Travel north from Alderamin to Alfirk (beta Cephei) and use this as a start to locate the beautiful reflection nebula known as the Iris, NGC 7023. It is a little east of the fascinating variable nebula noted in 1977 by Armen Gyulbudaghian. This faint nebula and its young stellar object PV Cephei are currently difficult, but variation occurs on short time scales, so it is monitored by some of the BAA’s most skilled observers.

While in this region, find and monitor T Cephei, the BAA’s Variable Star of the Year for 2023. This bright Mira-type variable is just east of the Iris Nebula and is most suitable for binocular users who wish to contribute to the Variable Star Section. (See 2023 Handbook of the BAA, P105–7.)

Other fascinating variables are now slipping into the west at the time of writing (June). R Coronae Borealis is fading from its sixth-magnitude norm – will it have recovered by late summer? It has a sooty belch from time to time and can fade as low as 15th magnitude. The 2007 fade was unusually protracted. The recurrent nova T Coronae Borealis has been hinting at a flare-up.

In the east autumnal sky, watery constellations are rising. Aquarius is well placed by late September and now contains Saturn. Then Pisces and Cetus follow, as summer gives way to autumn and nights are longer than days.

The solar system

August has this year’s ‘Blue Moon’ as we have two full Moons, on Aug 1 & 31. Blue Moons are fairly infrequent, the next being on 2026 May 31 and thereafter 2028 Dec 31.

The Sun reaches the autumnal equinox on Sep 23. Its northern hemisphere remains busy, and we should see many active regions into the autumn.

There are no lunar or solar eclipses during August or September.

Mercury reaches eastern elongation on Aug 10, but will not be visible from the UK through August except during daylight. After inferior conjunction on Sep 6, it has its best morning apparition of the year later in September, reaching western elongation on Sep 22 when 18 degrees from the Sun and almost 15 degrees above the horizon before dawn. Its seven-arcsecond disc is then half phase and shining at –0.5, so while difficult, it is a good opportunity to see this speedy planet.

Venus is at inferior conjunction on Aug 13, then slips into the morning sky to become brilliant before sunrise at magnitude –4.5. Moving from Cancer to Leo during September, Venus is well up in the south-east before dawn while still showing a waxing crescent.

Mars is lost in evening twilight and essentially unobservable for the rest of 2023.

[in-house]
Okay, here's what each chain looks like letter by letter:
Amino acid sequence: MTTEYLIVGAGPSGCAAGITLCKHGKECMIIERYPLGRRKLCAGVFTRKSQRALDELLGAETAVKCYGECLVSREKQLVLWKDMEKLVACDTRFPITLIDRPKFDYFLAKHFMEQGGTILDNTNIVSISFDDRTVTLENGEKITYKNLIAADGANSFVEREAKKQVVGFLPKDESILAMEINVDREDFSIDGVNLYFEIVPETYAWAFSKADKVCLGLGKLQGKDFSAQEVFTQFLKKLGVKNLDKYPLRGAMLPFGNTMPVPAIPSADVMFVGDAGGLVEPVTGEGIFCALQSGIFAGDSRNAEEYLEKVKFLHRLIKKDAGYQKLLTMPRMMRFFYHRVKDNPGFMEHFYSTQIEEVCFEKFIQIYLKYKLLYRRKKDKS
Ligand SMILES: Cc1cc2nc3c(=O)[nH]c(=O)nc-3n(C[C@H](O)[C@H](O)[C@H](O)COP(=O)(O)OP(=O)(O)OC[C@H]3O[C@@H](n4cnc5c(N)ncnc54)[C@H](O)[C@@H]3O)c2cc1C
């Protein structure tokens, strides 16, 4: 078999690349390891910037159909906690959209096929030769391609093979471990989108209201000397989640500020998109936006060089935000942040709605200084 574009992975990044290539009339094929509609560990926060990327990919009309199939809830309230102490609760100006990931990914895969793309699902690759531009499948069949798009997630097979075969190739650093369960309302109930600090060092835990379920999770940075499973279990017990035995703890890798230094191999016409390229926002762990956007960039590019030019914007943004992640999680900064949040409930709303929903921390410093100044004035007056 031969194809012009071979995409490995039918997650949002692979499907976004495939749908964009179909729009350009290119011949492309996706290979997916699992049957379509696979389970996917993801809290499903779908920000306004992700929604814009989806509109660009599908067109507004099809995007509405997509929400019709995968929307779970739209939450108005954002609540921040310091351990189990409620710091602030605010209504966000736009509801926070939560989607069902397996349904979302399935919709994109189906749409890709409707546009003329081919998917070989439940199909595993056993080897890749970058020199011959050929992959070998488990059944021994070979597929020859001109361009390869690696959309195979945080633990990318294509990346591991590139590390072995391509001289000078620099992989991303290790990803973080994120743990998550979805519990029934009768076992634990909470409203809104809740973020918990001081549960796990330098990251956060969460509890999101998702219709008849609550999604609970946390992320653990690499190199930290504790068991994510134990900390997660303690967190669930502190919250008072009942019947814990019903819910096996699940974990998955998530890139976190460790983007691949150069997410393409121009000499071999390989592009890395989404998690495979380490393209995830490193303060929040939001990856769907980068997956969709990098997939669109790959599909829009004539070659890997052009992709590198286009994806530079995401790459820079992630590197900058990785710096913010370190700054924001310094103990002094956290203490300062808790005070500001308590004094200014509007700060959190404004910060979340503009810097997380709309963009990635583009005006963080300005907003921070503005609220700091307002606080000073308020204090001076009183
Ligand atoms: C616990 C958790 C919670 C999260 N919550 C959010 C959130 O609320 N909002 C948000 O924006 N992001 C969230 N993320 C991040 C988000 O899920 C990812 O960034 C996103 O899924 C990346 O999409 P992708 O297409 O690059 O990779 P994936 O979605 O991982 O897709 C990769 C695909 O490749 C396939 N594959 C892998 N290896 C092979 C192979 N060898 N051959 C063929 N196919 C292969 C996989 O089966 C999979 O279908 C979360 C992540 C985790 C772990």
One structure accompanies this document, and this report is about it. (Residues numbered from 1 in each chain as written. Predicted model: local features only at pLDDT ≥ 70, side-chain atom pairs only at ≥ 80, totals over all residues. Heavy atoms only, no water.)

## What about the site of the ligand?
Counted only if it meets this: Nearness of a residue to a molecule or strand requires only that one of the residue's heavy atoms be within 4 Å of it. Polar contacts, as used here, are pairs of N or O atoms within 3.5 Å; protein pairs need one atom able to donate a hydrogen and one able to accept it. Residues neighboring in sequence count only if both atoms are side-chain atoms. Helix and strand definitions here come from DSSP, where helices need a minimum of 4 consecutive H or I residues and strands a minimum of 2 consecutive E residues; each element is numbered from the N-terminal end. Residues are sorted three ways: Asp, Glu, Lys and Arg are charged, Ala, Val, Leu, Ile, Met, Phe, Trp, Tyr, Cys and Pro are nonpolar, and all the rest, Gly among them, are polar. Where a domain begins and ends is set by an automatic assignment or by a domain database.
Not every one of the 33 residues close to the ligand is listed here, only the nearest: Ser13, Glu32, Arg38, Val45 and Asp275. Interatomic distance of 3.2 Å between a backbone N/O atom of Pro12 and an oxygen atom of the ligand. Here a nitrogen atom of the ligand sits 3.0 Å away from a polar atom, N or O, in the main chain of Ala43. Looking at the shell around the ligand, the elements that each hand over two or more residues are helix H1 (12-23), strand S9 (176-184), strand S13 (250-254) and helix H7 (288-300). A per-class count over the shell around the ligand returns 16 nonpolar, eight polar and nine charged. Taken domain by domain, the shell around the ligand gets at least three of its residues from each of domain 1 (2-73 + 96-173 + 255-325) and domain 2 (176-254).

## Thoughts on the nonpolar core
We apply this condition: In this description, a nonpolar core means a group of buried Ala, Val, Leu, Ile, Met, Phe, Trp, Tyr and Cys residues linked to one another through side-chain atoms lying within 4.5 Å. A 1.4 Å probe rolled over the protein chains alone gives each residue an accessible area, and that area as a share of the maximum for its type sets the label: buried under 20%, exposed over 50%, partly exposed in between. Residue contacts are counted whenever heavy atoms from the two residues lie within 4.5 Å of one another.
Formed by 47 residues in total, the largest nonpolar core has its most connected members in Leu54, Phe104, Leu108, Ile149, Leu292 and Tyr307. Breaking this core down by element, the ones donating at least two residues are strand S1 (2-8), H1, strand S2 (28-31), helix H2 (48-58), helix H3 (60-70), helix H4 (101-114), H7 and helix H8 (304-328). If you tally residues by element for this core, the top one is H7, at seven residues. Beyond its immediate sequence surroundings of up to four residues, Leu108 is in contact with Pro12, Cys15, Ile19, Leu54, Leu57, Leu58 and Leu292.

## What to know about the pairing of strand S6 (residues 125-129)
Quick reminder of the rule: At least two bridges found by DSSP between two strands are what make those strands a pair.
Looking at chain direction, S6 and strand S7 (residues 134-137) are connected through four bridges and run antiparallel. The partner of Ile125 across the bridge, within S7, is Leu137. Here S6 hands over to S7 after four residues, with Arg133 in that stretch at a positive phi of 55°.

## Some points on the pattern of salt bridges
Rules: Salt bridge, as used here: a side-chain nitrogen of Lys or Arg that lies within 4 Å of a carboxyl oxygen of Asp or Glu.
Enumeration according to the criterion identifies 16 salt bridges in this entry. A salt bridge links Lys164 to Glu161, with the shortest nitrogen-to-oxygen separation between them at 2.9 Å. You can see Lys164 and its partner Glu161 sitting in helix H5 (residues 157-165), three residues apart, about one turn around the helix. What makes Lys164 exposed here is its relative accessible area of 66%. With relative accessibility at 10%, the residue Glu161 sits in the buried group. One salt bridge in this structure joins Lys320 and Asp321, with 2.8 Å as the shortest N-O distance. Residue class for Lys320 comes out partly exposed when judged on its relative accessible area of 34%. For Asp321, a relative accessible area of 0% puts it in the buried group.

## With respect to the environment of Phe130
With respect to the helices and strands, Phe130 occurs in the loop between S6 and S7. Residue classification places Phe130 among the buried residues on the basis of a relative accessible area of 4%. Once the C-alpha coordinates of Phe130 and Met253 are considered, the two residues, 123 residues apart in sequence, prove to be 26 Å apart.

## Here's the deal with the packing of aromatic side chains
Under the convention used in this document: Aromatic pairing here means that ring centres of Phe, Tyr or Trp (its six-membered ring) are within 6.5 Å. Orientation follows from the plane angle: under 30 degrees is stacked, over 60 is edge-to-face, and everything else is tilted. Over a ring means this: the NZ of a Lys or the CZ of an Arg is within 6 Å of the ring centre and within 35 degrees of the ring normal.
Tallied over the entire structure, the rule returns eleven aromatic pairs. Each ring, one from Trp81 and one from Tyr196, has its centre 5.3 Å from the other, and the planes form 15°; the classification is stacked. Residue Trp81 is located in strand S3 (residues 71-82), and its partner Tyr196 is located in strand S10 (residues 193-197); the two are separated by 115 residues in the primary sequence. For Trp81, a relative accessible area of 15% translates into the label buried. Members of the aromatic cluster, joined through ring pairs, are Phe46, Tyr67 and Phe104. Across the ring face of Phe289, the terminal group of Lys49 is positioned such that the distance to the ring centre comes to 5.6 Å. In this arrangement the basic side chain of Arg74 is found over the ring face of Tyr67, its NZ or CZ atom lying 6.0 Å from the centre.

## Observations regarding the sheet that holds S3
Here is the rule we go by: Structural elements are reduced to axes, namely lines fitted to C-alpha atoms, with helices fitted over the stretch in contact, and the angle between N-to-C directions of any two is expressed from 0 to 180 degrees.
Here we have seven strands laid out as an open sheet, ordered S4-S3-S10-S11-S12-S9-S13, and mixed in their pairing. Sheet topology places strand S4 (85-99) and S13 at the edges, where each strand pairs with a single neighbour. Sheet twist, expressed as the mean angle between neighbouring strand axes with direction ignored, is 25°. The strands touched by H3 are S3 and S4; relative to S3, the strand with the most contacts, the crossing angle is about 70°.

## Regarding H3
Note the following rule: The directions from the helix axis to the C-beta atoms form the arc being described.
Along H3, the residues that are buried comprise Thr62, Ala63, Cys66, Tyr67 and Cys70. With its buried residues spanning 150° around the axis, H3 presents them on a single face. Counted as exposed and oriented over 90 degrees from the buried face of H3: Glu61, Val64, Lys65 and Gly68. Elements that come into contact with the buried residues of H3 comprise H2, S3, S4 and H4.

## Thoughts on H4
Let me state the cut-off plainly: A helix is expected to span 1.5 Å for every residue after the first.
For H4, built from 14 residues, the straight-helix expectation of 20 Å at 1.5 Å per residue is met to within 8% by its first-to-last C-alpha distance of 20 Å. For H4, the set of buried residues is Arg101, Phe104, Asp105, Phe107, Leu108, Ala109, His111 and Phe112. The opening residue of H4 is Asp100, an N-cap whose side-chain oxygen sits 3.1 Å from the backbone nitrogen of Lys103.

Jupiter begins its apparition rising before midnight in early August and is impressive by the end of September, shining brightly at –2.7 in Aries.

Saturn is at opposition on Aug 7, so well placed throughout this period. Although still south of the celestial equator in Aquarius, the ringed planet is at its best altitude for many years. The rings are closing up now, although the next ring-plane crossing is still two years off. Nevertheless, the Saturnian system of moons now lies more comfortably for identification as they are in the ring plane. On the night of opposition, 8th-magnitude Titan is easily spotted to the east, 11th-magnitude Iapetus quite a way out to the west, and the other brighter moons lined up nicely in between. Titan will then pass south of Saturn five days later, while Iapetus on its distant orbit seems very far from the parent planet.

Uranus is just visible with the naked eye from a dark site, at magnitude 5.6. It has a greenish disc of 3.8 arcseconds. In eastern Aries, it becomes better positioned by the end of September.

Neptune lies south of the Circlet of Pisces, reaching opposition on Sep 19. It is a tiny bluish disc of 2.4 arcseconds and magnitude 7.8. Drop a line from iota Piscium through lambda Piscium to find remote Neptune at a similar distance south of lambda.

None of the brighter dwarf planets or asteroids are available, although Pluto, at magnitude 14.4, is in eastern Sagittarius.


The Perseids peak on the night of Aug 12/13 and this reliable shower is spared lunar interference this year. Many meteors can be seen either side of the peak of course, as the shower ranges from mid-July until late August. Associated with Comet 109P/Swift–Tuttle, the Perseids have been known for two millennia and are sometimes dubbed the ‘Tears of St Lawrence’. While not the richest shower, its timing in the balmy August nights make it a favourite.

The Kappa Cygnids are much less rich but not affected by the Moon when they peak on Aug 17. As the shower overlaps with the Perseids, meteors not emanating from Perseus but from kappa Cygni may not be sporadics. The shower is often absent, but there are occasional bright fireballs. The parent body remains unknown.

Alpha Aurigids are at their maximum around Aug 31, but the Moon interferes as it is full that night. This shower is rather an anticlimax after the Perseids, as it is weak and although occasional outbursts have been recorded, these will be hard to detect this year. The meteors derive from comet C/1911 N1 (Kiess).


C/2023 E1 (ATLAS) is well placed in Cepheus in early August, but past its best. See ‘Comet of the Month’ at

Periodic comet 2P/Encke appears in the morning sky throughout September, beginning in northern Gemini and rapidly moving into Leo by the end of the month. It is at perihelion on Oct 23 but will be unobservable by then. However, it may brighten to be a binocular target during September.